You may have wondered what’s the difference between PVC and PET cards used for identification purposes. Here are a few quick guidelines for selecting the appropriate card for your needs and budget.
What are PVC Cards?
PVC stands for polyvinyl chloride, an inexpensive plastic material that standard ID cards are made of. It is the generally accepted ID card material for most printing needs. Specifically, if you have a dye sublimation ID card printer, you’ll get the best quality and professional-looking results by using PVC cards for your identification needs.
The drawback with PVC cards is that they don’t stand up well to heat. If your security ID cards are going to be exposed to high temperatures such as when laminating your cards or if you’re using a retransfer printer, PVC cards will warp or bend slightly or even crack.
What are PET Cards?
PET stands for polyethylene terephthalate, which is a plastic resin and form of polyester. PET cards—or Composite PVC-PET cards—are made up of a combination of PVC and polyester that’s highly durable and heat-resistant. Typically made of 40% PET materials and 60% PVC, Composite PVC-PET cards are constructed to be stronger and to withstand high heat settings, whether you laminate or print with retransfer ID card printers.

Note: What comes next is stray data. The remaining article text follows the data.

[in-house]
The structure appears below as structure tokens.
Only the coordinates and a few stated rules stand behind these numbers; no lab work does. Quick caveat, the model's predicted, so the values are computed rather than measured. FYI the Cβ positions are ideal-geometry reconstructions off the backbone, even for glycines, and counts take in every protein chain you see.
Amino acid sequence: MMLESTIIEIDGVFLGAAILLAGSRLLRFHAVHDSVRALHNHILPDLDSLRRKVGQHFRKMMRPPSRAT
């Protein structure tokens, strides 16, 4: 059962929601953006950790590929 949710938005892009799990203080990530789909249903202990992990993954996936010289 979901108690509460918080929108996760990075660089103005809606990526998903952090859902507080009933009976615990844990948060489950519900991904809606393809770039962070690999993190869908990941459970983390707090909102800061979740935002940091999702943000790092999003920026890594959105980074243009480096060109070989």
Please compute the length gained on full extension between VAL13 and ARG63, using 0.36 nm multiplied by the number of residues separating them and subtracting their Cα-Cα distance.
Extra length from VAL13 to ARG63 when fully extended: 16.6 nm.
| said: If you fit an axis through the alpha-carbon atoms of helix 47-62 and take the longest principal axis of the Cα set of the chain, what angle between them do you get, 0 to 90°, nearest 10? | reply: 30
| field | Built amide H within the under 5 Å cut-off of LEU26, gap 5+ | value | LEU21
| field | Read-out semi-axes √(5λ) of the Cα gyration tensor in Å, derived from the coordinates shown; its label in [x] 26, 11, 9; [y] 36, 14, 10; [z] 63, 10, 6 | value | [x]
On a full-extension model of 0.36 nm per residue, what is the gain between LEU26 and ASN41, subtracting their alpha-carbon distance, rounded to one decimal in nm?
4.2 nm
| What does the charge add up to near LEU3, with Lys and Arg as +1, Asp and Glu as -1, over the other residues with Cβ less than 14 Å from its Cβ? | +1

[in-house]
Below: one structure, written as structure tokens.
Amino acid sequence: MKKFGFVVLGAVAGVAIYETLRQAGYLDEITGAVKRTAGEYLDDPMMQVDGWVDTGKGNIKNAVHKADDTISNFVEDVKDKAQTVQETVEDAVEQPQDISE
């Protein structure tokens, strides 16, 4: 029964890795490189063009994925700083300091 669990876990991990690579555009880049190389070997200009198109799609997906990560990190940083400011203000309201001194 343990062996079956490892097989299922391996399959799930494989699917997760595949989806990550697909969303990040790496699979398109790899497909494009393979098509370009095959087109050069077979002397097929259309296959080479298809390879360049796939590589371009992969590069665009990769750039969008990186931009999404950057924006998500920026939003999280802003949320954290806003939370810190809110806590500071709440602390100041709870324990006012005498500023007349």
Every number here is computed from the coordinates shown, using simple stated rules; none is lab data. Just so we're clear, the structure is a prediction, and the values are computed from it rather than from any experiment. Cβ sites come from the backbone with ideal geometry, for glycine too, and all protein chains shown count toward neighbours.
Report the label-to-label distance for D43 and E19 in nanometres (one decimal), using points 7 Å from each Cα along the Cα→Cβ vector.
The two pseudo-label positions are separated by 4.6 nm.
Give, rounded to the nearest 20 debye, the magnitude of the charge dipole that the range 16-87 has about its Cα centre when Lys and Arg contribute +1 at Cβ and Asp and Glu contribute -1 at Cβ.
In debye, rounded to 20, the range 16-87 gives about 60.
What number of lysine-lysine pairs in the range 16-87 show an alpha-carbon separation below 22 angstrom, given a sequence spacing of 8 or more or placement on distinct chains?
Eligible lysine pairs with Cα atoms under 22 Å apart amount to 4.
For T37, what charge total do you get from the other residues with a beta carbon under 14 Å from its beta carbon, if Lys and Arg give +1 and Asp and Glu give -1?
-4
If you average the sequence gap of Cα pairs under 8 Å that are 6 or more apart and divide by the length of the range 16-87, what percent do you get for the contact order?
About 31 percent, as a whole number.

They’re also longer-lasting than PVC cards. This strong composite material reduces the likelihood of your ID cards breaking, warping, cracking, or even melting when exposed to high heat settings.
You won’t sacrifice quality when you choose a Composite PVC-PET card either. They are fully capable of producing professional-looking ID security cards for your needs. And they can also work in dye sublimation printers as well.
Composite PVC-PET cards are usually a little more expensive than the standard PVC cards, but since they last longer, you’re less likely to need to reprint ID cards for your employees, students, or customers because the card has been damaged in some way.
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